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Why is it not possible to make Java or C++ typeless ? int, float, double etc any type could inherit from a basetype, but why is this not possible or not applied ? I could imagine a Java-"typeless" function like this

void some(BASETYPE anyobject, BASENUMERIC a_number) {
    for (int i = 0; i < int(a_number); i ++) {
        anyobject.doStuff(i);
    }
}

where int inherits from BASENUMERIC.

Edit Sorry for the confusion. What a mean is not a real typelessness, but if any type inherits from a base type, polymorphism allows me to make a function be callable with any object, but at the same time I was able to define a specific type.

void any(BASETYPE of_any_type, float a_must_be_float) {
    ...

Hopefully you can understand my intention better now.

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closed as not constructive by forsvarir, Lasse V. Karlsen Jul 25 '11 at 19:11

As it currently stands, this question is not a good fit for our Q&A format. We expect answers to be supported by facts, references, or expertise, but this question will likely solicit debate, arguments, polling, or extended discussion. If you feel that this question can be improved and possibly reopened, visit the help center for guidance.If this question can be reworded to fit the rules in the help center, please edit the question.

    
C++ is a strongly typed language. Even template code resolves to specific types at compile time. Perhaps you'd prefer Smalltalk? – AJG85 Jul 25 '11 at 19:07
    
Are you suggesting that 'BASETYPE' isn't a type? – forsvarir Jul 25 '11 at 19:07
    
I don't see how this would fit any imaginable interpretation of the term "typeless". You're asking why Java and C++ have primitive types instead of making everything including int, double etc. be objects as well, right? That's called a unified type system. – delnan Jul 25 '11 at 19:08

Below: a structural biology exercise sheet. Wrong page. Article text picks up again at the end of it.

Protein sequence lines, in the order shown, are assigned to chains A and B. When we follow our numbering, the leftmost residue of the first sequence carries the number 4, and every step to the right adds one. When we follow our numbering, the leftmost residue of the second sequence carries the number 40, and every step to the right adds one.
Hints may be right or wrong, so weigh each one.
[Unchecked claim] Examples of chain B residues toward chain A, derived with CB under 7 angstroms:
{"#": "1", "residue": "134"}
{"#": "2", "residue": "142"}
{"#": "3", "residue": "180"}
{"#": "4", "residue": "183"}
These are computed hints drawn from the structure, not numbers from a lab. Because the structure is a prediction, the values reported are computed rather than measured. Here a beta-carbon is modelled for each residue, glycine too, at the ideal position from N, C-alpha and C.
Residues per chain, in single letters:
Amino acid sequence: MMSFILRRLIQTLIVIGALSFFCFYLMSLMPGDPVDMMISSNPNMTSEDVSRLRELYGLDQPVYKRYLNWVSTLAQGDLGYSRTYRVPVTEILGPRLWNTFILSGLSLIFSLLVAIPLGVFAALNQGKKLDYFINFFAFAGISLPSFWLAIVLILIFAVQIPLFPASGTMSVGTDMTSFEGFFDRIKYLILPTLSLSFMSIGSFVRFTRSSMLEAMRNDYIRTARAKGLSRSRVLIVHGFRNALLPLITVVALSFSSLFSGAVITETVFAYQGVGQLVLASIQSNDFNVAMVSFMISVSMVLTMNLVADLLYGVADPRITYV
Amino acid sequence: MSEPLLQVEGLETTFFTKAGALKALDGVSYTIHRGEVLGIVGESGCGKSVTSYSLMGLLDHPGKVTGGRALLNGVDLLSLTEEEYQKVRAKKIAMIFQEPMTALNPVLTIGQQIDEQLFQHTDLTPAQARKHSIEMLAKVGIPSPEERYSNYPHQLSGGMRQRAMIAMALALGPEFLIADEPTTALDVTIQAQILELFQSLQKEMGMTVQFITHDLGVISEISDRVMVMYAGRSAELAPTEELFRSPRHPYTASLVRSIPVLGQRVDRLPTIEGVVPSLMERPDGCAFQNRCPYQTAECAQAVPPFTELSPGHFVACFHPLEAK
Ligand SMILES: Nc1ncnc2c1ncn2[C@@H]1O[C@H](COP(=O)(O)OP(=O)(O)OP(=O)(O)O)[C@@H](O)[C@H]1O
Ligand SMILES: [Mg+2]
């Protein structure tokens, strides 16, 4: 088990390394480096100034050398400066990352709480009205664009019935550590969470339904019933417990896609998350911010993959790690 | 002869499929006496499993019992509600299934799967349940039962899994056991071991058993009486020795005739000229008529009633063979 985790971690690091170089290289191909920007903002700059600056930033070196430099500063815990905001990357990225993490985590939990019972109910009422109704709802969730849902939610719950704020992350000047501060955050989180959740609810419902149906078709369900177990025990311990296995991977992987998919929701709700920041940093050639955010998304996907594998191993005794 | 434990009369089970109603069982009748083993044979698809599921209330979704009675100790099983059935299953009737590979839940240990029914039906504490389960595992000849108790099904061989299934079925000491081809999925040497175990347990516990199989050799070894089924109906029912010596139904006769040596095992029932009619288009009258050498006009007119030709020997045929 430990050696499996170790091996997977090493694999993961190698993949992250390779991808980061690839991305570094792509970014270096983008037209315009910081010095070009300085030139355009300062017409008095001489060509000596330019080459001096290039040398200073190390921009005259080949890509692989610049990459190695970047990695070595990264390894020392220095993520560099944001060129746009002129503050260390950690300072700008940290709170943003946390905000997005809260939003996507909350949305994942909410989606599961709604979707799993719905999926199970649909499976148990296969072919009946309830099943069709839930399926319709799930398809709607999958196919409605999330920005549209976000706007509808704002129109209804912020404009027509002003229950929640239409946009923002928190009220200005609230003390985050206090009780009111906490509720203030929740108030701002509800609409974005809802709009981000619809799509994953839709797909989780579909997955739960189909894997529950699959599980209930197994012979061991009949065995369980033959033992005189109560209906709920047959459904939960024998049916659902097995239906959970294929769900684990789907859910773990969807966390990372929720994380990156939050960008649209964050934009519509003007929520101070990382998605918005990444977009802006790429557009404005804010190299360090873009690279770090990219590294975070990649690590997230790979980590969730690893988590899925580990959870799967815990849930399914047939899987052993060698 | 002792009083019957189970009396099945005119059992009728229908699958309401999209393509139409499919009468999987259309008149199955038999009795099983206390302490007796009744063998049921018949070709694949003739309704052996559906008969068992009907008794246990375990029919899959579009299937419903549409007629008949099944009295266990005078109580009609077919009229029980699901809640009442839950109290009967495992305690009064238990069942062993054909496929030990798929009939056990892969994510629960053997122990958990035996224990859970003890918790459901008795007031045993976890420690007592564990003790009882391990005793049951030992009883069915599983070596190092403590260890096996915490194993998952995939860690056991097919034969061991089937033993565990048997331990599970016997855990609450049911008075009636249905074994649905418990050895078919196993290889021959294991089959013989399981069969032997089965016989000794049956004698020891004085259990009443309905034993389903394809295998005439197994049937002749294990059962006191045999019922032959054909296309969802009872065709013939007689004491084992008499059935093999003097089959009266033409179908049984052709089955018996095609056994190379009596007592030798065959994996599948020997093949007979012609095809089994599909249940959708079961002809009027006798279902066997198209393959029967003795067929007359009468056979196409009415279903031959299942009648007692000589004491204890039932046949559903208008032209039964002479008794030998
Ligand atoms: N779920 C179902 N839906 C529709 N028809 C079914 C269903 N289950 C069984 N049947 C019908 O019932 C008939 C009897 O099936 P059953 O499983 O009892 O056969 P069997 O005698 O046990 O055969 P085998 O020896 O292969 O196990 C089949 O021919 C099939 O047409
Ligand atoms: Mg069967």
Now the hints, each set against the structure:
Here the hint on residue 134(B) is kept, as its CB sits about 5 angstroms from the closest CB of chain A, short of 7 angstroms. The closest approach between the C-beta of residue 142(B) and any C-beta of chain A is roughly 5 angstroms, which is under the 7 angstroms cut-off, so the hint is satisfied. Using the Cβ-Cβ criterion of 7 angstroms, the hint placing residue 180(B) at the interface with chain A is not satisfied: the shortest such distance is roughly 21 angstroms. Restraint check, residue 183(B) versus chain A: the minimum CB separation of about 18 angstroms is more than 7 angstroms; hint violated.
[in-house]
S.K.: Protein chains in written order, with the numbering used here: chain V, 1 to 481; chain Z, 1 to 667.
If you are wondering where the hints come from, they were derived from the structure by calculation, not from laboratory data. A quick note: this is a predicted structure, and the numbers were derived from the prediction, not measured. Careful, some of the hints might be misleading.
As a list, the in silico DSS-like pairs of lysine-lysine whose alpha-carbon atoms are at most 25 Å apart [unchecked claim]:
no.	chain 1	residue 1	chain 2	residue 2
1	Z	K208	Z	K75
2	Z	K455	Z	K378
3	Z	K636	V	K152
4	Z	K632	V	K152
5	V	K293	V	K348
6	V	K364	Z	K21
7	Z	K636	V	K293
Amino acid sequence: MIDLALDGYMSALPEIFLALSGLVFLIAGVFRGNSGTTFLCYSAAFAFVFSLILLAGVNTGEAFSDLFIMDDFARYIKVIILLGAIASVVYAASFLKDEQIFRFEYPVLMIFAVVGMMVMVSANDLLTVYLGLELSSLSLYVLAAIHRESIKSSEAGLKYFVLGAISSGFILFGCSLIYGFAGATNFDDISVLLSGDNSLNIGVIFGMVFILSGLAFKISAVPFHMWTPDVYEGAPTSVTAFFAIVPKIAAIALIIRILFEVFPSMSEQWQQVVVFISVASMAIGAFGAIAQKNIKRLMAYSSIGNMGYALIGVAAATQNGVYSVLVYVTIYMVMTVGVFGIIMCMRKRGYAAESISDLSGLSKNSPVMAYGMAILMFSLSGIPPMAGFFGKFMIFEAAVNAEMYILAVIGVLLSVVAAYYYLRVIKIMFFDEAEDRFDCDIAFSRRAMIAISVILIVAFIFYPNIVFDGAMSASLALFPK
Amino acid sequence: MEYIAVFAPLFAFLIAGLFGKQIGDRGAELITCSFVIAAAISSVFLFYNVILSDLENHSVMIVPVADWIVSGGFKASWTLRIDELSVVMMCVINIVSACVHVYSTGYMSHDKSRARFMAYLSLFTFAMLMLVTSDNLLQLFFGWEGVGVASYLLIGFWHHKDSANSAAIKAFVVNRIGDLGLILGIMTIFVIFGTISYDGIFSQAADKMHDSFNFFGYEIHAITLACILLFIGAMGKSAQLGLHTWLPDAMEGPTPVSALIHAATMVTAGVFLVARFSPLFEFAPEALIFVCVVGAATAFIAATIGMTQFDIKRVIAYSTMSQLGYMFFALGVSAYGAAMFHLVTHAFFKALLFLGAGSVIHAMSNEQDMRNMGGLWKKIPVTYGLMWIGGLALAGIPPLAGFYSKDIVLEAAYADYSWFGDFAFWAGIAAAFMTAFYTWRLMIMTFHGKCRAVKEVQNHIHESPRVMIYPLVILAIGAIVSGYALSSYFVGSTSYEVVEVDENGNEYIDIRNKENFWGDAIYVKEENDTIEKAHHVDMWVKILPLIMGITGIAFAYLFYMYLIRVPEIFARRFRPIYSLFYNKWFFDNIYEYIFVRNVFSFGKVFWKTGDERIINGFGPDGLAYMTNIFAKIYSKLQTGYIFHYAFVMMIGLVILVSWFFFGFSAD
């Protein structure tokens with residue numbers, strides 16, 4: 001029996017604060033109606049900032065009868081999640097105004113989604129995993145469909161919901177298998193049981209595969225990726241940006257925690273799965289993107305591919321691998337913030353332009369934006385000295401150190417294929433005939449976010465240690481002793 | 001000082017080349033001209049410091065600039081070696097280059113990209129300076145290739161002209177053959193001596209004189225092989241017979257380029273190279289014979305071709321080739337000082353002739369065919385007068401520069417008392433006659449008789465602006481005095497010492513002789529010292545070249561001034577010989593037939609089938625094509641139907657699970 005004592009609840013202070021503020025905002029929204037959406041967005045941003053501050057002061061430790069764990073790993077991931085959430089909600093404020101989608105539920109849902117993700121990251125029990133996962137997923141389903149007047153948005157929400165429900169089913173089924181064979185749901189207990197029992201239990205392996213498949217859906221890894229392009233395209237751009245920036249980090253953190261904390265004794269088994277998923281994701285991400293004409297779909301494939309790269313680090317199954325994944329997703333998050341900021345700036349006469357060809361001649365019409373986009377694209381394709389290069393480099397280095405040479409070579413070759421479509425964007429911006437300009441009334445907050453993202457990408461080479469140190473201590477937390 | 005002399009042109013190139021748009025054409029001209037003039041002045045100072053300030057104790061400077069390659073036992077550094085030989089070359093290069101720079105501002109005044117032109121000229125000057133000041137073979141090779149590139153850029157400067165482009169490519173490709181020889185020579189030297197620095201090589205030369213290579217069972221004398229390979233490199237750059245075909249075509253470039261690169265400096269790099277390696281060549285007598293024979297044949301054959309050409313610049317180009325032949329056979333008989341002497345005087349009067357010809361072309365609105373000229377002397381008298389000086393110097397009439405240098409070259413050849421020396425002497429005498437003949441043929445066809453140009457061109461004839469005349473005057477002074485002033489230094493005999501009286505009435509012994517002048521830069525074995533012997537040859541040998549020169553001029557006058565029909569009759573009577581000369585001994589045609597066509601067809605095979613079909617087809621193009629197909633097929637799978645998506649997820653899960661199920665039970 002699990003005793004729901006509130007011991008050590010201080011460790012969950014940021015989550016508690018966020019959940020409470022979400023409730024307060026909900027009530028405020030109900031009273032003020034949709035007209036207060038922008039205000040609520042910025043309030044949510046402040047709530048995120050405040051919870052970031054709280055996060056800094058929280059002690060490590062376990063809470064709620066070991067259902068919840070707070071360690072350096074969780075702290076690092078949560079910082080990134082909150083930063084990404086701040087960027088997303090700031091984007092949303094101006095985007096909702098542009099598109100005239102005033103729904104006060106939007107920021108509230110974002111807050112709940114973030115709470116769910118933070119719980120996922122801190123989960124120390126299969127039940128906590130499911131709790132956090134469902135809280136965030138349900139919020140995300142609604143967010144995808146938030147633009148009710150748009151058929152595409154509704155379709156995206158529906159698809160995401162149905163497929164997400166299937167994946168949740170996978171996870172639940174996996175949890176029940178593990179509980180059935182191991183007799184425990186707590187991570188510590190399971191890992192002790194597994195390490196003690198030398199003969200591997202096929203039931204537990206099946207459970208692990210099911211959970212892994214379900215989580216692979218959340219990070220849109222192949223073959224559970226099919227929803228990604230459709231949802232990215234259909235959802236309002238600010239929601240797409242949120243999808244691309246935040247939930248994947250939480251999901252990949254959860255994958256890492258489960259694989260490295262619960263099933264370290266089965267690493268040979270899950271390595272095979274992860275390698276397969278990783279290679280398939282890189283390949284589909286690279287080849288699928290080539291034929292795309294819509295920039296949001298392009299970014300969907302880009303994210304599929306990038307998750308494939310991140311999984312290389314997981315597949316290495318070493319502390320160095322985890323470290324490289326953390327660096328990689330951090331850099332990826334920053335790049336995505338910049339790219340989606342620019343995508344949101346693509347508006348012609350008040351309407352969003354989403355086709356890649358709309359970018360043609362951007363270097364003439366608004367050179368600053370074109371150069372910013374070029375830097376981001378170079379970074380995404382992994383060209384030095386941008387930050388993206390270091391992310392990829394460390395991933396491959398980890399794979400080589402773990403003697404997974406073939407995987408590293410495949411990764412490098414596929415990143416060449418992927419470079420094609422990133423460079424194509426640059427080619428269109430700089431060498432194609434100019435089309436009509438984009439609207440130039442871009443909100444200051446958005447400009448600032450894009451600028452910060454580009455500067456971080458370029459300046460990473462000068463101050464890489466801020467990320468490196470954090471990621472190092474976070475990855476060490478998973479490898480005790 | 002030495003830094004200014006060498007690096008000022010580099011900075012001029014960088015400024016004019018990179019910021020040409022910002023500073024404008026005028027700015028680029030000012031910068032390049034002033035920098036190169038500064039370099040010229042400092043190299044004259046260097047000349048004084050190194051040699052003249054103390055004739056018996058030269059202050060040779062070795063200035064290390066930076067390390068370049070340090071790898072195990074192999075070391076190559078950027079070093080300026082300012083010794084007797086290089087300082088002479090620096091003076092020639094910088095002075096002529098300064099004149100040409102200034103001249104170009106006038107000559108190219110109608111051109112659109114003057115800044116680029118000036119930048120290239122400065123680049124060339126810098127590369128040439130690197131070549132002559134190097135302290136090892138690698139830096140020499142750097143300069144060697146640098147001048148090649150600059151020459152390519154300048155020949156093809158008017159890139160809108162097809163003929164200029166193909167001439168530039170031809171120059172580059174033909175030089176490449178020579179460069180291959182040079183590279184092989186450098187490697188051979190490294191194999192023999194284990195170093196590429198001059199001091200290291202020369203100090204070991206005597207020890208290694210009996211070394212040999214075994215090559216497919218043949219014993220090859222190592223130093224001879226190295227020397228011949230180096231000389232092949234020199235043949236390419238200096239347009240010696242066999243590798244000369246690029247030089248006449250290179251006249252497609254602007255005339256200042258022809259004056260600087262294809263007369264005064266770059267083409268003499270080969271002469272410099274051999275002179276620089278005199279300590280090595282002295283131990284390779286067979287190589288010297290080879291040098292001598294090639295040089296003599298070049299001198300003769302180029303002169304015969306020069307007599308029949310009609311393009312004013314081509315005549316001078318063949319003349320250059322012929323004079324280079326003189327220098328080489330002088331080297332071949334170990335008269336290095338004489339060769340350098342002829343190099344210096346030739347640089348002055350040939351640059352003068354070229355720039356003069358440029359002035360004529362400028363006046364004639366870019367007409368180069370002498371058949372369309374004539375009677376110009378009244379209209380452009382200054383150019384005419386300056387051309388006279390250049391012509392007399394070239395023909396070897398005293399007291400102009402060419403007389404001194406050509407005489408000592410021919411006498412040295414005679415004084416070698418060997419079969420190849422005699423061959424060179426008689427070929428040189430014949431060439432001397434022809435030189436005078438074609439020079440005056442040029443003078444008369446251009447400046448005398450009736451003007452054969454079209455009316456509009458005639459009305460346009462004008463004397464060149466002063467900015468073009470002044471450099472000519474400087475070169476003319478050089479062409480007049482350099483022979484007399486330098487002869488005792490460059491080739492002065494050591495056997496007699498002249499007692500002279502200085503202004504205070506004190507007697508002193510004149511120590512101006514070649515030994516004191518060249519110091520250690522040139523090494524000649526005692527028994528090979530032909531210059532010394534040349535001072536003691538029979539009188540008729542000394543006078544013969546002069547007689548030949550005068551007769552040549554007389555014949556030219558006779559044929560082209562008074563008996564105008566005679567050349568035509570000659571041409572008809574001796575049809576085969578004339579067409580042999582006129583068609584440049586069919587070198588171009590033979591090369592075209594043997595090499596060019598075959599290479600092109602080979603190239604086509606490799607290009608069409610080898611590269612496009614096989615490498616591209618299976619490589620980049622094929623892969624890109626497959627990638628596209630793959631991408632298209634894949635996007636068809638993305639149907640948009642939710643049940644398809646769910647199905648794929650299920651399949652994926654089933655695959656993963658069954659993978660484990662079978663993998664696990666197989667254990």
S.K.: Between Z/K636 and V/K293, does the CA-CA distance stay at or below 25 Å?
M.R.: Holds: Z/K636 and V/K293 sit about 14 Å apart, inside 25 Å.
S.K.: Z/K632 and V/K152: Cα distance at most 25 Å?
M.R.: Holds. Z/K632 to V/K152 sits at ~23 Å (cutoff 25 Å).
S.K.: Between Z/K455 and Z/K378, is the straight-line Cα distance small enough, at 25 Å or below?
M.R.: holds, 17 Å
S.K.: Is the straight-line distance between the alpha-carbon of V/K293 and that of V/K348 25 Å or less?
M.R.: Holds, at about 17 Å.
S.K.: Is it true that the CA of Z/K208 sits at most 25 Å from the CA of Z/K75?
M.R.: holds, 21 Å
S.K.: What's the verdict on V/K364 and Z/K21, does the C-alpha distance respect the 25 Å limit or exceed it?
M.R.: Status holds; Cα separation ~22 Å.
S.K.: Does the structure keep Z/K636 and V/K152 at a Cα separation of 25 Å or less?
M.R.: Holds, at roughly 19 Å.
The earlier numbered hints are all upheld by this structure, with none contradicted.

???? I didn't understand your idea... – woliveirajr Jul 25 '11 at 19:08
1  
You can do the following in Java which is almost the same. void some(Object o, Number n) { for (int i = 0; i < n.intValue(); i ++) { o.getClass().getMethod("doStuff", int.class).invoke(o, i); } } – Peter Lawrey Jul 25 '11 at 19:31
up vote 0 down vote accepted

Mostly because type-safety is a good thing. It prevents you from calling floating-point functions with characters. It's not a problem; it's a feature which prevents you from shooting yourself in the foot.

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What he proposes (or at least, how I understood it) wouldn't mean you can call float f(float) with a char but object f(object) with a char (without autoboxing). – delnan Jul 25 '11 at 19:11
    
@delnan: This is what I mean. Dave: Yes, as clarified above, I don't want real typelessness, I still want to define types, but everythinh should inheritnfrom a base type. – Niklas R Jul 25 '11 at 19:40

Because it is slower and possibly error prone to have all these implicit conversions. You can if you want to, by the way. If you use variant-like types (I don't know if this exists in Java), you can assign a variable of any type to it.

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You can already do this is C++, using templates

template<typename BASETYPE, typename BASENUMERIC>
void some(BASETYPE anyobject, BASENUMERIC a_number) {
    for (int i = 0; i < int(a_number); i ++) {
        anyobject.doStuff(i);
    }
}

Works for any BASETYPE having a dostuff member function and type BASENUMERIC convertible to int.

share|improve this answer
    
Not really, this generates a different function for each use, which shows its ugly face in several cases, such as the need to have the definition available everywhere you use it. – delnan Jul 25 '11 at 19:12
    
And a typeless C++ would not? :-) – Bo Persson Jul 25 '11 at 19:14
    
A "typeless" (I still think that's a horrible term, especially for what OP is talking about) would allow a non-templated function like this for some typedefs BASETYPE and BASENUMERIC. – delnan Jul 25 '11 at 19:16

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